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Focus On: Scholl’s Wellness is walking on air

As a stand-alone company, Scholl’s Wellness has a spring in its step as it emphasizes innovative self-care for its Dr. Scholl’s brand
David Salazar
Managing Editor
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Despite its roots that stretch back 115 years, the current version of Dr. Scholl’s has only existed for a few years. After going through several carve-outs and acquisitions since the 1980s, the brand — acquired by Yellow Wood Partners in 2019 to become the stand-alone Scholl’s Wellness — was reunited earlier this year with its global counterpart, Scholl.

After experiencing so many changes and coming under new ownership, the brand wanted to come out strong in innovation in its latest iteration, said Kate Godbout, senior vice president of marketing at Scholl’s Wellness.

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“We really wanted to come to the market and bring innovation across a number of different foot care segments,” Godbout said. “Part of that effort was that we had a lot of really good ideas that we thought would resonate well with consumers. But beyond that, we also wanted to show up as a kind of different organization that was really consumer focused. We’ve always been a strong player in innovation, and we wanted to make clear that that legacy would continue going forward.”

[Read more: Dr. Scholl’s rolls out Foot Care & Grooming Collection]

Building on a new foundation for the company came at the same time as the COVID-19 pandemic, which had an impact on the types of products Dr. Scholl’s introduced this year. As products, such as orthotics and inserts, that had typically been given a large share of shelf space were de-emphasized, the company saw growing interest in condition-relief offerings and self-care products.

“We saw that a lot of need-based categories — things like corn, bunion, blister and wart products — definitely fared well,” Godbout said. Looking to deliver on condition treatments, in April, the brand rolled out Freeze Away Max Wart Remover, which is billed as its first OTC wart remover that offers direct freeze technology by spraying a precise dosage of cooling agent directly onto warts. It differs in that other wart removers use indirect freezing, putting the cooling agent onto an applicator that is then applied to the wart.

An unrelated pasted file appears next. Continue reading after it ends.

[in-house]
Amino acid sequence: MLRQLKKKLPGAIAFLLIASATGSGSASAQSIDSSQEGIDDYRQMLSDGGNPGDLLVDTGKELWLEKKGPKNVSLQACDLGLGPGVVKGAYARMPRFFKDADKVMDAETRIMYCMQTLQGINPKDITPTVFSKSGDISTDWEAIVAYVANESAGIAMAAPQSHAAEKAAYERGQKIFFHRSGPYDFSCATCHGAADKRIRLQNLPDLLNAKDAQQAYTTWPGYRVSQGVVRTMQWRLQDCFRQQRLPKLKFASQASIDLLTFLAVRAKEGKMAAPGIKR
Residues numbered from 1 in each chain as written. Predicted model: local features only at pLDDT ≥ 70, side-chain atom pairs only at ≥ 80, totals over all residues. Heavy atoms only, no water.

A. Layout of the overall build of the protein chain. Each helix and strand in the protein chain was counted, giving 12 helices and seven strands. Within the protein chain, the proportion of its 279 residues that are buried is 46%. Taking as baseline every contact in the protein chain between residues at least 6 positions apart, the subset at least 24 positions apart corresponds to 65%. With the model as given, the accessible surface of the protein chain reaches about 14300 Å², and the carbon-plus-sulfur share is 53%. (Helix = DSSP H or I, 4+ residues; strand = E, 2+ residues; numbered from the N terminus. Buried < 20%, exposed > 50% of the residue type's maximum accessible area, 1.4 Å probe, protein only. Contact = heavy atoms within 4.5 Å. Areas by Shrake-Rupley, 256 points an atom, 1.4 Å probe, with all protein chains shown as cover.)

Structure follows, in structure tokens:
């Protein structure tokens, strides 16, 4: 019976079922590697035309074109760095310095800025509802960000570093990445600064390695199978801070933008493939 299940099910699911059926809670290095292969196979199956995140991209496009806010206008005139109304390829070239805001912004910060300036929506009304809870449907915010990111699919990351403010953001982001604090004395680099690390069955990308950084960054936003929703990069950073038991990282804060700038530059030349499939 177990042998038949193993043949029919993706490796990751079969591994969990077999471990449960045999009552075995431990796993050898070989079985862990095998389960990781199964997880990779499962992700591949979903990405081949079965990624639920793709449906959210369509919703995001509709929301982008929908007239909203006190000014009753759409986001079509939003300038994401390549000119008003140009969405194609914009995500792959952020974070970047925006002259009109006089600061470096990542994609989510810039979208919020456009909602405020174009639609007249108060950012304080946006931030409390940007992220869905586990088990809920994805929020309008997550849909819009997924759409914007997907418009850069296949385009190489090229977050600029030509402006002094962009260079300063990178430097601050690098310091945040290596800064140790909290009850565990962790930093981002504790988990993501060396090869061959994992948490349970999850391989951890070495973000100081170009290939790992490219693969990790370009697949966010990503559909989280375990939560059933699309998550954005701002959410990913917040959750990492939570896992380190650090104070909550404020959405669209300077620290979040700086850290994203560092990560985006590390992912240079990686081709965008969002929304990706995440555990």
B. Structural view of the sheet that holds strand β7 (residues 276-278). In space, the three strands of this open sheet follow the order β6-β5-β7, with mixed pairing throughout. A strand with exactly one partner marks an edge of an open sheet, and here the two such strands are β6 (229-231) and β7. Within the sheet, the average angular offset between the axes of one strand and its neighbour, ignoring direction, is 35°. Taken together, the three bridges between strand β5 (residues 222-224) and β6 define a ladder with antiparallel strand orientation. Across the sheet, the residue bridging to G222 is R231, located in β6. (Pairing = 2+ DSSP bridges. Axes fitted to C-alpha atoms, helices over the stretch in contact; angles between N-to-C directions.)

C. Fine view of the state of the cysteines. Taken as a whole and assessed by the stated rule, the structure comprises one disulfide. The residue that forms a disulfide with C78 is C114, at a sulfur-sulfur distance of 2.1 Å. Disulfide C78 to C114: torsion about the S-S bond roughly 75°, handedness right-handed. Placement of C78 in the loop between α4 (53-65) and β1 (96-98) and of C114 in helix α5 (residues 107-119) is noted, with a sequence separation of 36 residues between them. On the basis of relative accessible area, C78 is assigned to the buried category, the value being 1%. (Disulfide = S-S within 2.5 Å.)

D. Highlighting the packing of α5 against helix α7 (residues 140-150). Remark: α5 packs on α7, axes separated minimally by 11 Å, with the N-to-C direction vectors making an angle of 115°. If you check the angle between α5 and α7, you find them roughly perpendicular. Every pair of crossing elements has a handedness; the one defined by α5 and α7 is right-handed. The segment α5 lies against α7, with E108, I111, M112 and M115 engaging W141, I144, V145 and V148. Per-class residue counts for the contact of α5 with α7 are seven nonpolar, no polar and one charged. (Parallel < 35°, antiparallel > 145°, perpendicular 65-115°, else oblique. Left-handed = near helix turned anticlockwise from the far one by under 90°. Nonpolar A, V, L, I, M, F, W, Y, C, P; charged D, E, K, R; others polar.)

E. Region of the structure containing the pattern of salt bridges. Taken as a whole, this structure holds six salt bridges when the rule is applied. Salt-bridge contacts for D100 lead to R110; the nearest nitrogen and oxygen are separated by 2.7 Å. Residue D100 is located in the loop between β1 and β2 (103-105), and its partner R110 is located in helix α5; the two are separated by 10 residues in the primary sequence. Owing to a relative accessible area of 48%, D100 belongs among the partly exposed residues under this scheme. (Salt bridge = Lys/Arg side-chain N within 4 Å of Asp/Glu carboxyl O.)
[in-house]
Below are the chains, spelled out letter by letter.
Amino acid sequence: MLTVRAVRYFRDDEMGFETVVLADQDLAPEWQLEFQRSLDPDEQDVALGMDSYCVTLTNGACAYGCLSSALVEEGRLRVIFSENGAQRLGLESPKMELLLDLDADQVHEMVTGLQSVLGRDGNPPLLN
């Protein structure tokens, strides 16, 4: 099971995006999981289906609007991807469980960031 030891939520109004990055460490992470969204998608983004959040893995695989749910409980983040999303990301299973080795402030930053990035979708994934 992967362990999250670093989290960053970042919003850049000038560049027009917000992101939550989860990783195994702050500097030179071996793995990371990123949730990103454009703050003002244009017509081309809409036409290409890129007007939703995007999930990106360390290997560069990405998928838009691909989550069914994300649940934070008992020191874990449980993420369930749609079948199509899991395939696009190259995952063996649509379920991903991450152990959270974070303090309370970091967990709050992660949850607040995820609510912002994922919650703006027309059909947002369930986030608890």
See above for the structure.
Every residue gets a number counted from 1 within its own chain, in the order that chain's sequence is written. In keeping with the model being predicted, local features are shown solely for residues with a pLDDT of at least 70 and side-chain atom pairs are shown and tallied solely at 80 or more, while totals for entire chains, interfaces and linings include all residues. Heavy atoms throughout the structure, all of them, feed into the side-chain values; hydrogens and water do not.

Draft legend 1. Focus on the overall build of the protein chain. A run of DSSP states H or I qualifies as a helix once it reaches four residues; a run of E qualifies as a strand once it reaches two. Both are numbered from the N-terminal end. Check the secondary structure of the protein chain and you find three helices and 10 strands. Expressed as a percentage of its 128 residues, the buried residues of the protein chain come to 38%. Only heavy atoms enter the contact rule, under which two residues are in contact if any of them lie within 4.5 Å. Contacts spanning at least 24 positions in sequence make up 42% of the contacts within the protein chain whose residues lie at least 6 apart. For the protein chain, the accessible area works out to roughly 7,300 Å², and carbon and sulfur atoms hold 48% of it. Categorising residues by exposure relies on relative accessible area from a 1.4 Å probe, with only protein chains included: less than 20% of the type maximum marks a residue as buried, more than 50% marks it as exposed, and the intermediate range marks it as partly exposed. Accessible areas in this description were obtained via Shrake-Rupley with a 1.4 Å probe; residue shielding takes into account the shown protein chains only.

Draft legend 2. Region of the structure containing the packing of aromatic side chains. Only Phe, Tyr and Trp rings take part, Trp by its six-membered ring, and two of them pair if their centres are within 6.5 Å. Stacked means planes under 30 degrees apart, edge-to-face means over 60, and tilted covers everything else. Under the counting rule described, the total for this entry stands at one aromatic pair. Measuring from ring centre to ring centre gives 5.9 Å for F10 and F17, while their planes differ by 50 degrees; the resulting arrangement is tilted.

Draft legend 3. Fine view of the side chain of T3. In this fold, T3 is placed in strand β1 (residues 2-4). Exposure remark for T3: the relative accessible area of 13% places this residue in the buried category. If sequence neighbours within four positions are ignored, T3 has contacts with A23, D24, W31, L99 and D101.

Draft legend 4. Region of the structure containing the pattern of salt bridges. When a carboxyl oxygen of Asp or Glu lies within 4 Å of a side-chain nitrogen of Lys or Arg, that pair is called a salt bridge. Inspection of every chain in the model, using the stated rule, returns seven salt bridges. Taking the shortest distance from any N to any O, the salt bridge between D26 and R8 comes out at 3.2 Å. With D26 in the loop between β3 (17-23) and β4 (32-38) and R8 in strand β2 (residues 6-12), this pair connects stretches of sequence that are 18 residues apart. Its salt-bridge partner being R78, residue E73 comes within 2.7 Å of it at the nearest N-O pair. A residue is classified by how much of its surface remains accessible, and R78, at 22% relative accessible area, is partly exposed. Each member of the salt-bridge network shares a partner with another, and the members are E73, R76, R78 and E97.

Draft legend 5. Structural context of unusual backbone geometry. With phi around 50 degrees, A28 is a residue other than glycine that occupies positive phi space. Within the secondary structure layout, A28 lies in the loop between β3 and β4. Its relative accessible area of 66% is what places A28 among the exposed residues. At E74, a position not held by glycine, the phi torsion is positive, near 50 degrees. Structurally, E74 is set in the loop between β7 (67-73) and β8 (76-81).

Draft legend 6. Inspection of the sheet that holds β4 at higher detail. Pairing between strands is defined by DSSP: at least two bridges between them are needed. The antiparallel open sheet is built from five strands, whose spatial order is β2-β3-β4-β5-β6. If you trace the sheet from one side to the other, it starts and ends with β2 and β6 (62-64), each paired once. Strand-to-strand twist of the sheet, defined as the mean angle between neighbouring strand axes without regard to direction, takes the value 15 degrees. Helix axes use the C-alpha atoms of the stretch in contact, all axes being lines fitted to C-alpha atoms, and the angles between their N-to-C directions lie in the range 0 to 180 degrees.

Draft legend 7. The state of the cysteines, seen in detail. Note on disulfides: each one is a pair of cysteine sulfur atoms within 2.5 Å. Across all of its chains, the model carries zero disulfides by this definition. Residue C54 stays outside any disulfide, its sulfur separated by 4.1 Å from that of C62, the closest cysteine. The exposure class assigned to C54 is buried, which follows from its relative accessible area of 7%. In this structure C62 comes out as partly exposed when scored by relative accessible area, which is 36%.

Yet the company’s biggest pivot — and a big area of opportunity in the foot care space — was the move toward more wellness and grooming products. “[In 2020], grooming had a tremendous, double-digit uptick at most retailers,” Godbout said. “I think the consumer was voting that grooming and skin care products within foot care were something that was interesting and relevant, given the fact that they weren’t going to stores or nail salons to get that health care and were having to take care of it themselves.”

[Read more: Dr. Scholl’s Arthritis Pain Reliever offers Rx-strength diclofenac]

With an eye toward this trend, Dr. Scholl’s introduced its Foot Care & Grooming Collection. Featuring The Ultra Hydrating Foot Lotion, Ultra Hydrating Foot Cream, Severe Cracked Heel Balm, Ultra Hydrating Foot Mask and Ultra Exfoliating Heel Mask, the collection is designed around various foot-related grooming needs, from calluses and dryness to cracked heels and skin repair. Also in foot care is the Odor-X Probiotic Extract Formula Foot Spray and its Arthritis Pain reliever, which uses diclofenac sodium topical gel.


“Our products and the grooming or skin care category, if you will, are really a nice intersection between therapy and beauty,” Godbout said. “And so we felt like having a strong regimen that had a little bit more intensive treatments with some kind of basic everyday products to sustain your feet. Really looking and feeling their best were something that the doctor sold, had a right to play in.”